Back pain

By better understanding the underlying causes of back pain, our goal is to develop better treatments and preventative measures to improve the quality of life for individuals suffering from this common and often debilitating condition.

Low back pain can be classified as acute (less than three months in duration) and chronic (low back pain lasting three months or longer). It is now widely accepted that changes in the nervous system, including the brain, play an important role in pain persisting long after tissues have healed.

Back pain is the leading cause of disability worldwide and results in substantial personal and societal costs. A quarter of Australians report low back pain at any one time. However, over 90% of all low back pain problems cannot be attributed to a serious cause (such as fracture, cancer, infection) and are termed as non-specific low back pain. 

Most people with non-specific back pain recover within six weeks. Staying active, getting informed and avoiding bed rest usually speeds up recovery. However, many people continue to experience chronic low back pain for months or even years and some are unable to continue their work. 

In general, non-drug interventions such as exercise, cognitive behaviour therapy and mindfulness are recommended for the management of chronic low back pain rather than drug and surgical approaches. However, non-drug interventions for chronic low back pain still offer limited effects to reduce pain and disability.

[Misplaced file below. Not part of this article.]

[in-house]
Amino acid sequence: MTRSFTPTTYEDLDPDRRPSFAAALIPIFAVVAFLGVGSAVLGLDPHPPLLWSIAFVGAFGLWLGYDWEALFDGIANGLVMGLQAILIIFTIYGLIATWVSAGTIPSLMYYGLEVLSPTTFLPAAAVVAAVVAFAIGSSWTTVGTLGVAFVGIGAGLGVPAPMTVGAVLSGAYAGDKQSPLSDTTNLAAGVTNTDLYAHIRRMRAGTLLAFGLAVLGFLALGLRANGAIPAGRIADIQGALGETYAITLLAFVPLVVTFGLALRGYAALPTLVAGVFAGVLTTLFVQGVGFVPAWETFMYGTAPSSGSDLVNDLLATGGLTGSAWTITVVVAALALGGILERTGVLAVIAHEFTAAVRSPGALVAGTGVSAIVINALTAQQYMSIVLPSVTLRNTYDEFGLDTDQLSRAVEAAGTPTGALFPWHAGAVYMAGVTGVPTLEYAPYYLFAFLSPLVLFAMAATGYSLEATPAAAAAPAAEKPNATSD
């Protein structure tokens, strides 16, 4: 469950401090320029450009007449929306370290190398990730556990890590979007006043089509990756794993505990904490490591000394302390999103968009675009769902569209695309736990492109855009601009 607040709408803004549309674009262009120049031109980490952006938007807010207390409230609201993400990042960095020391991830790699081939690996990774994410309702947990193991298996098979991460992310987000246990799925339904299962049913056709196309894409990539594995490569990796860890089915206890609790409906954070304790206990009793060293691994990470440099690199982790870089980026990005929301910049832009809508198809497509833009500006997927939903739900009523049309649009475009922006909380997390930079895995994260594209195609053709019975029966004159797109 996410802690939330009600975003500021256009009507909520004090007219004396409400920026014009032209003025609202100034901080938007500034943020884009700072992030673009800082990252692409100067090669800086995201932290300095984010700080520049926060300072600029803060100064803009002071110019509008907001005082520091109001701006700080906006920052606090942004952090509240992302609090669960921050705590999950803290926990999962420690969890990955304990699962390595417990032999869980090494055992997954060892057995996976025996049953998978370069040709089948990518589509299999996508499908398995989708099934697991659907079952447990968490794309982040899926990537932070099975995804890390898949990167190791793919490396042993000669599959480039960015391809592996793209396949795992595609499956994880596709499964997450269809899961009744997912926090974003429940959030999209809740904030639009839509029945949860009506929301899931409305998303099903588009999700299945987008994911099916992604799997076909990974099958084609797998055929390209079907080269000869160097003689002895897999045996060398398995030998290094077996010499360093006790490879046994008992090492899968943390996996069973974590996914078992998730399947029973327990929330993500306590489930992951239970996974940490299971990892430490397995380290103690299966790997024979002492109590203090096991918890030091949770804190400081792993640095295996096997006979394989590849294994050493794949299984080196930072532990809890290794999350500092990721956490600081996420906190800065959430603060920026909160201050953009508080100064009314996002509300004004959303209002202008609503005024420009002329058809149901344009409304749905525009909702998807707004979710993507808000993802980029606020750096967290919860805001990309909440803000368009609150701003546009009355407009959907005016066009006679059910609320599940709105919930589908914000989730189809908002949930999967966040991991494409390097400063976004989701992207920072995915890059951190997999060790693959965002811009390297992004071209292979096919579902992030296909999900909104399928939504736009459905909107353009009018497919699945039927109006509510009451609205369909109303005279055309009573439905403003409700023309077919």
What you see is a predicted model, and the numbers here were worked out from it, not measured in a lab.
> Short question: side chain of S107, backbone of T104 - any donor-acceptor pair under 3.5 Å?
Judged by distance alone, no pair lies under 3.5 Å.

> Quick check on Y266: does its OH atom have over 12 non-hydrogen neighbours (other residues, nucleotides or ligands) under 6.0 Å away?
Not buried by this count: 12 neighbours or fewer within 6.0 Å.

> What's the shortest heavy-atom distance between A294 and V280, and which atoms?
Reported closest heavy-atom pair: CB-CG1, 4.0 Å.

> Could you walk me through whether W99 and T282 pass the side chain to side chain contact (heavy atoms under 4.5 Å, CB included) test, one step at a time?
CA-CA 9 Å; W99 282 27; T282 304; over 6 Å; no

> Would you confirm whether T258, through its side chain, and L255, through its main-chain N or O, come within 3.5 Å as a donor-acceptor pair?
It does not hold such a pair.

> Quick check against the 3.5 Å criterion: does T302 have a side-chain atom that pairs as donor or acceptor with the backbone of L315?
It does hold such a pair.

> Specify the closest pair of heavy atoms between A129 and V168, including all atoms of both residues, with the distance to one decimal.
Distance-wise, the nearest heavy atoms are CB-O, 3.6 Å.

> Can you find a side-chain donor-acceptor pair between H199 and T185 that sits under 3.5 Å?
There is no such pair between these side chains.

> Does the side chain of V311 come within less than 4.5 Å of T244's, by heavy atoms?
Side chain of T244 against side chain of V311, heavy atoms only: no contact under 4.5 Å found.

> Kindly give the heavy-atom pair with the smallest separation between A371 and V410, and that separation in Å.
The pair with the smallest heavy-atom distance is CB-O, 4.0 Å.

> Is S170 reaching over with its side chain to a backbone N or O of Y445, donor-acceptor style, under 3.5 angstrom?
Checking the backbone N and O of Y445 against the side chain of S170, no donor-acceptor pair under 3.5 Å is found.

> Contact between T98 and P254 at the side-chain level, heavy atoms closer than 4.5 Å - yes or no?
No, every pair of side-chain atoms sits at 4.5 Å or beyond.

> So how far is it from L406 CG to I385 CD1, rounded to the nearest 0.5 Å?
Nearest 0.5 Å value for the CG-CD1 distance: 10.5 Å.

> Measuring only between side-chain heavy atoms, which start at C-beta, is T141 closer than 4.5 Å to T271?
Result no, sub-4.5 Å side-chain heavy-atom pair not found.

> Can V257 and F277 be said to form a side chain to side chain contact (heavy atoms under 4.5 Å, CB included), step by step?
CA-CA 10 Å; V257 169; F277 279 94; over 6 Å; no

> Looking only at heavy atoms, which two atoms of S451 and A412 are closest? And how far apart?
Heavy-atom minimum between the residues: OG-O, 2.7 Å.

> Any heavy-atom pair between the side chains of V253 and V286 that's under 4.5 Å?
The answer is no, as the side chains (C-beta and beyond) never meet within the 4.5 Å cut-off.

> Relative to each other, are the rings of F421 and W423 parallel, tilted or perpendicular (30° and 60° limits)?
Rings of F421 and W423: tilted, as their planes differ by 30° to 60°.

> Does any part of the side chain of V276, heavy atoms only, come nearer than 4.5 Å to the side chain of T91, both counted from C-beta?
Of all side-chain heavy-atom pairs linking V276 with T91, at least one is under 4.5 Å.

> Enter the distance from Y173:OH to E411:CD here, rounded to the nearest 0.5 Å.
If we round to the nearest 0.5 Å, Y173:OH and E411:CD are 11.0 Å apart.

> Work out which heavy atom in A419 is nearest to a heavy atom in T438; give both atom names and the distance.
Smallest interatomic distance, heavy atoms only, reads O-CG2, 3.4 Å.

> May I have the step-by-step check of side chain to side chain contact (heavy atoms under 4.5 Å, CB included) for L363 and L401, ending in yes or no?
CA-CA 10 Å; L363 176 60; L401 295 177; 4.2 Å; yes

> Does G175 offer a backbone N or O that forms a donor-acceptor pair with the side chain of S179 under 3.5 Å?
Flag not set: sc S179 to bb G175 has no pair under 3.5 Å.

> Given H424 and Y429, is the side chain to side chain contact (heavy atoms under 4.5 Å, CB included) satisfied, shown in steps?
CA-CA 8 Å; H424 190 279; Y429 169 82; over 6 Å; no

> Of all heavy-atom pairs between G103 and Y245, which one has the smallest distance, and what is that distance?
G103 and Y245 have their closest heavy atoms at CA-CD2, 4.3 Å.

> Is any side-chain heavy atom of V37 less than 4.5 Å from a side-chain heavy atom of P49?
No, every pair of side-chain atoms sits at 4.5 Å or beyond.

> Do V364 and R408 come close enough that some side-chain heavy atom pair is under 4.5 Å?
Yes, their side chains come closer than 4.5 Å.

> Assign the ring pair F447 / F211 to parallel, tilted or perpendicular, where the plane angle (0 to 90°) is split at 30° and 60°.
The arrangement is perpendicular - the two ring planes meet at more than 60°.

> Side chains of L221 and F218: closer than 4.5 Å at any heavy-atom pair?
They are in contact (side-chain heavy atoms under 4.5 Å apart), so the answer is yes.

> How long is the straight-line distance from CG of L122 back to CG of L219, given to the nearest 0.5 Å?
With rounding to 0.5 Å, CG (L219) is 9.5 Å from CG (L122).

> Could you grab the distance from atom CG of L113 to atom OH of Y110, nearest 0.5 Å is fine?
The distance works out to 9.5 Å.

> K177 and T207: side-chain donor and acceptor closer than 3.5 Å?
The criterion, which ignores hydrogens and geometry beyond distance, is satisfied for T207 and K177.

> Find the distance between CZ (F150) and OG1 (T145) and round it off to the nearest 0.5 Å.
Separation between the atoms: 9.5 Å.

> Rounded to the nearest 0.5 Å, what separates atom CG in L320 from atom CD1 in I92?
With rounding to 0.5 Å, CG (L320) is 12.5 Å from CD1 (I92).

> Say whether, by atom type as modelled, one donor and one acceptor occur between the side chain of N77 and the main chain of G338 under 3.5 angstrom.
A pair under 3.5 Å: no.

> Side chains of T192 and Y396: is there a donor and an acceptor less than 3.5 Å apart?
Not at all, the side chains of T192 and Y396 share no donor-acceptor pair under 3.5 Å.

Our research approaches

NeuRA aims to understand why some people with low back pain do not recover and develop chronic low back pain. We are also developing and testing new interventions to prevent and treat chronic low back pain. 

Our research discoveries 

Through our RESOLVE trial, we have been investigating the effectiveness of new non-drug treatment programs for people suffering from chronic low back pain. Research shows that there are changes in the brain when someone has pain for a long period of time. It is believed that these changes make recovery from pain slower and more difficult. Using the knowledge of the brain and how it changes with pain, researchers at NeuRA developed two new treatment programs for chronic low back pain.